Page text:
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Jyrki Kalliokoski

Jyrki Tapio Kalliokoski
Born November 16, 1956, Helsinki

Master of Arts, 1982 and Doctor of Philosophy, 1989 (Finnish Language), University of Helsinki

Professor of Finnish Language, University of Helsinki, 1999
Research Fellow, Academy of Finland, 2000–1
Acting Professor, Finnish Language, University of Helsinki, 1997–99
Associate Professor (fixed term), Finnish as a Second Language, University of Helsinki, 1995–97
Acting Associate Professor, Finnish Language, University of Helsinki, 1992, 1994
Visiting Lecturer, Finnish Language and Literature, University of Groningen, 1990-91
Senior Assistant, University of Helsinki, 1990–95
Assistant, University of Helsinki, 1984–90
Lecturer in Finnish Language and Literature, Adam Mickiewicz University in Poznań, 1983–84

Publications, Research Projects and other Academic Activity

Research interests: Finnish as a Second Language, text analysis and literary language

Gold Medal, Finnish Literature Society, 2011
Honorary Member, Suomi toisena kielenä opettajat ry (‘association of teachers of Finnish as a second language’), 2012
Academic community’s Gold Medal for 30 years’ service to advancement of knowledge (Federation of Finnish Learned Societies and Finnish Universities), 2015

Photo: Sasa Tkalcan
Written by Jyrki Kalliokoski, Riitta-Ilona Hurmerinta (ed.)
Translated by John Calton

Tomorrow’s humanists come from school

Universities train the teachers who work in Finnish schools. School offers a foundation and the building blocks for the pupils’ worldview. It affects the view we have of different areas of research and their meaning in life. When we think of the attraction of the humanities when compared to the natural sciences, we should turn our gaze to schools and the attitudes ingrained there.

It is during our school years that we learn the basic skills and knowledge needed in the study of languages and cultures, their variation and change. All departments in the Faculty of Arts train teachers both for general education and adult education. Us teachers and researchers in the Faculty influence the kinds of teachers that graduate from our fields, what the teaching of the humanities is like in Finnish schools and how each generation in Finland sees itself as a part of the society and culture at large, both past and future.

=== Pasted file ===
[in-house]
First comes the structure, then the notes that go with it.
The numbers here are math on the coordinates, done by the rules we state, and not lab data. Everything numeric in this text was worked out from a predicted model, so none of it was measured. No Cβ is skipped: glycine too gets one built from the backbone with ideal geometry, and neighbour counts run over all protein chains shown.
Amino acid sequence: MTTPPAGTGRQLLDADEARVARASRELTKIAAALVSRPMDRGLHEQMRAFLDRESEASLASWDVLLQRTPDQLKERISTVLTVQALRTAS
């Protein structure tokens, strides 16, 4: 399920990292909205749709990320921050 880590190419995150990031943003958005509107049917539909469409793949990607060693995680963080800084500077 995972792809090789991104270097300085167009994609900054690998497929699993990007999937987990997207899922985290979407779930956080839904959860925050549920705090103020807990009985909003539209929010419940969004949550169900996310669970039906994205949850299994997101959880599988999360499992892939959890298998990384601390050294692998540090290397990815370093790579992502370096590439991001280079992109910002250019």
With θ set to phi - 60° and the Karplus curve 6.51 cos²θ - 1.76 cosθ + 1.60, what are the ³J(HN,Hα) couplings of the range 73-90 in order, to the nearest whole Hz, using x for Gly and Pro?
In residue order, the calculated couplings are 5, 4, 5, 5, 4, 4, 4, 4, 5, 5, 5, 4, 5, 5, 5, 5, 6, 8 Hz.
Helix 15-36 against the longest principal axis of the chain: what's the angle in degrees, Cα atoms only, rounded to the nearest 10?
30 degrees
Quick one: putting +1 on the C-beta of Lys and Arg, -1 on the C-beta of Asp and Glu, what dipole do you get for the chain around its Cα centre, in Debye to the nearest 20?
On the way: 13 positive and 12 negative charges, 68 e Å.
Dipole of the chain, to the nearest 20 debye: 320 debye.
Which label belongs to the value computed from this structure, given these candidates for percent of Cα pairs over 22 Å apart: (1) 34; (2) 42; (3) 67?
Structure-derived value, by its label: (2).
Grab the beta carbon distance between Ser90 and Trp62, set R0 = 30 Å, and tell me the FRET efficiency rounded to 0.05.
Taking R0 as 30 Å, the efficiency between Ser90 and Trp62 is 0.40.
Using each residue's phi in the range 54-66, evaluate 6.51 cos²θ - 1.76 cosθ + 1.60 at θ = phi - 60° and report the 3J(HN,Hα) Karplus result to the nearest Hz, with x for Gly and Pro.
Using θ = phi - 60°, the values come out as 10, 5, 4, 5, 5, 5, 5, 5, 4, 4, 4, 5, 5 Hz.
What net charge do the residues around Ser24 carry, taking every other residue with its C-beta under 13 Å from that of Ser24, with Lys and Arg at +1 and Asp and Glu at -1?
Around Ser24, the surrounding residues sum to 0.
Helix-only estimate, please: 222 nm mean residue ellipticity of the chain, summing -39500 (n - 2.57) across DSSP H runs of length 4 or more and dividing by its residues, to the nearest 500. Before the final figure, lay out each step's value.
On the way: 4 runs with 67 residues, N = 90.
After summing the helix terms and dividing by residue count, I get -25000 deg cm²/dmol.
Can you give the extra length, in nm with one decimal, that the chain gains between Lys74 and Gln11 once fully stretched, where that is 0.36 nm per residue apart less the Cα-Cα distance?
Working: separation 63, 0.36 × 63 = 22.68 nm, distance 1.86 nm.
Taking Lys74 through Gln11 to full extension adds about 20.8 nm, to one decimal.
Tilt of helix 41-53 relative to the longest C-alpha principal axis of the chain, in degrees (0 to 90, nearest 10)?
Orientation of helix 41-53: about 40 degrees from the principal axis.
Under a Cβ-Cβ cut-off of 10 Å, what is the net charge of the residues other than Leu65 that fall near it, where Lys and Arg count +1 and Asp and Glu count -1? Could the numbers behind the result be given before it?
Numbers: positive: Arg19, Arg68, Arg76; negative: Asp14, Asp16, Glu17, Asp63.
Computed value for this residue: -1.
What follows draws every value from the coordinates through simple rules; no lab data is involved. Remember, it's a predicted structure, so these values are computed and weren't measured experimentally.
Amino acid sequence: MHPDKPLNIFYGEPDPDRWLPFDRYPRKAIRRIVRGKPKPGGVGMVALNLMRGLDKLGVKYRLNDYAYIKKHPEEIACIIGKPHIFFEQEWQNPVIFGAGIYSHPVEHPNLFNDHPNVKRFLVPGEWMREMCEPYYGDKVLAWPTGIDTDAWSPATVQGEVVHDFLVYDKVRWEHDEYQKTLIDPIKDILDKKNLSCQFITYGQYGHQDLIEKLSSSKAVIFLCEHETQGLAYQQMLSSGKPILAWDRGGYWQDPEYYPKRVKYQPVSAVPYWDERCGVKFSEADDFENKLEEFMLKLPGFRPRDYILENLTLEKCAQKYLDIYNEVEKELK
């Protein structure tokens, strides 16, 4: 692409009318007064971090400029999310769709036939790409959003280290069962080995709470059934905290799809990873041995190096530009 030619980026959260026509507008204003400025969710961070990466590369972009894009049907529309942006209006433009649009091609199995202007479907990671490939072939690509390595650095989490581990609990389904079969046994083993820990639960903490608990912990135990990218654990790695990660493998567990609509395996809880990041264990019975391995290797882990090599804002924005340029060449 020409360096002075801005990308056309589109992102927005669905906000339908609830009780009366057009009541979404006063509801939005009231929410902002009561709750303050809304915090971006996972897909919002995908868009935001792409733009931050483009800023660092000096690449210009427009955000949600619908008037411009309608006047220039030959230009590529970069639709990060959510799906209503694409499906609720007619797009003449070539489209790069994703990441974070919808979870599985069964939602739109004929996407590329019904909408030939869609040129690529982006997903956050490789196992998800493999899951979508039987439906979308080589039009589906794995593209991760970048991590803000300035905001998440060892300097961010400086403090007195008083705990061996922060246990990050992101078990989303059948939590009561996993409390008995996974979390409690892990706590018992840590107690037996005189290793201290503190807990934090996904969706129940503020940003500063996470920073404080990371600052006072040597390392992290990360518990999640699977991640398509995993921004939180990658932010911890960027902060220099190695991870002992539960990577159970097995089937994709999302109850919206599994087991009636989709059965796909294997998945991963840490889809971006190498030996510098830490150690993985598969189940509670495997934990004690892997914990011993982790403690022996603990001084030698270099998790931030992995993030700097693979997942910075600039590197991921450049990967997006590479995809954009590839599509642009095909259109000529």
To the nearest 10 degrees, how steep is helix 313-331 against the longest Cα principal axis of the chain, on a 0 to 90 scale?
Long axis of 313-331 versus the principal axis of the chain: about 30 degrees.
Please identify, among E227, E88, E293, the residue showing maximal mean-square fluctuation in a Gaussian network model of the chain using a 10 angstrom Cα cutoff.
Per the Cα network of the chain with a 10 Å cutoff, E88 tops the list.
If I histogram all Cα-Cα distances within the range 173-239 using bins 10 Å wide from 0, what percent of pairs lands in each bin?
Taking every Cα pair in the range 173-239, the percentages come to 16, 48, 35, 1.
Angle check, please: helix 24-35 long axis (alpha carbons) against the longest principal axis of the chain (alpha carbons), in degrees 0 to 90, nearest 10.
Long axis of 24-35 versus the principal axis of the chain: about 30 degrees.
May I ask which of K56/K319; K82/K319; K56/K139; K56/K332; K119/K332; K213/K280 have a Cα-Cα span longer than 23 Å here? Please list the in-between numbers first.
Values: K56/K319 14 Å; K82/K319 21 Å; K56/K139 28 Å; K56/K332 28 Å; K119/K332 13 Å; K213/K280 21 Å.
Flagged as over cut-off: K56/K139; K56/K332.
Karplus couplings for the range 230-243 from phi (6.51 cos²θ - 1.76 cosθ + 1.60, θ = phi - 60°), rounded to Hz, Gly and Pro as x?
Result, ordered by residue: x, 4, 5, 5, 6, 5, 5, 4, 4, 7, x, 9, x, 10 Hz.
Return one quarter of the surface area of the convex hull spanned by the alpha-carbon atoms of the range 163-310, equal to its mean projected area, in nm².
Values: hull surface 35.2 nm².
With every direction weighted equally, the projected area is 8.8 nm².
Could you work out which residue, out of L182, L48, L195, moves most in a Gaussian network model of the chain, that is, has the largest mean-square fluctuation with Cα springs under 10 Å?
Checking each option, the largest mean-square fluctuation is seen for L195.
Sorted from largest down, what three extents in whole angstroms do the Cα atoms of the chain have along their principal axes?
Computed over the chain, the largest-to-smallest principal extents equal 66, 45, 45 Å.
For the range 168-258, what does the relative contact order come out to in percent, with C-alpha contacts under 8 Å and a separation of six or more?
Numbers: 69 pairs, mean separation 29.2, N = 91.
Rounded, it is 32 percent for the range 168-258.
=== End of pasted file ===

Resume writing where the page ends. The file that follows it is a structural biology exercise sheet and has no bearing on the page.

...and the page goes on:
If we want to spread knowledge of the humanities and the means by which they aim to solve the problems in our world, teacher training is key. If we want schools to produce humanists, we must remember our responsibility as teachers to those future humanists.

Professor Jyrki Kalliokoski has represented the Faculty of Arts in the advisory board of teacher training at the University of Helsinki since 2010, and for the past couple of years he has chaired the group. The group provides a forum for the University and important stakeholders including representatives from the municipalities, labour unions, parents, the National Board of Education and faculties.

“In my field, most of the students qualify as teachers. Teachers of Finnish have no shortage of work; in the past few years, more and more of them have become teachers of Finnish as a second language in general education or in centres of adult education,” Kalliokoski says.

A key idea in the recently drafted curriculum for comprehensive schools is that each subject teacher is responsible for acquainting and training his or her students in the language and terminology of the field. In this sense every teacher is a language teacher. Understanding this is particularly important if we want immigrant children to advance in their studies and to have a larger proportion of them continue their studies to upper secondary school and higher education.

“I helped in the drafting of the curriculum for Finnish as a second language and literature for basic education. I have also served as a member in the Matriculation Examination Board and currently I am a moderator (sensori) tasked with assessing examinations in Finnish as a second language.

Jyrki Kalliokoski and Tom Dubois discussing the teaching of Finnish at the University of Washington (Seattle) in 1995. Photo: Anna-Maija Raanamo.​​
Jyrki Kalliokoski and Tom Dubois discussing the teaching of Finnish at the University of Washington (Seattle) in 1995. Photo: Anna-Maija Raanamo.​​


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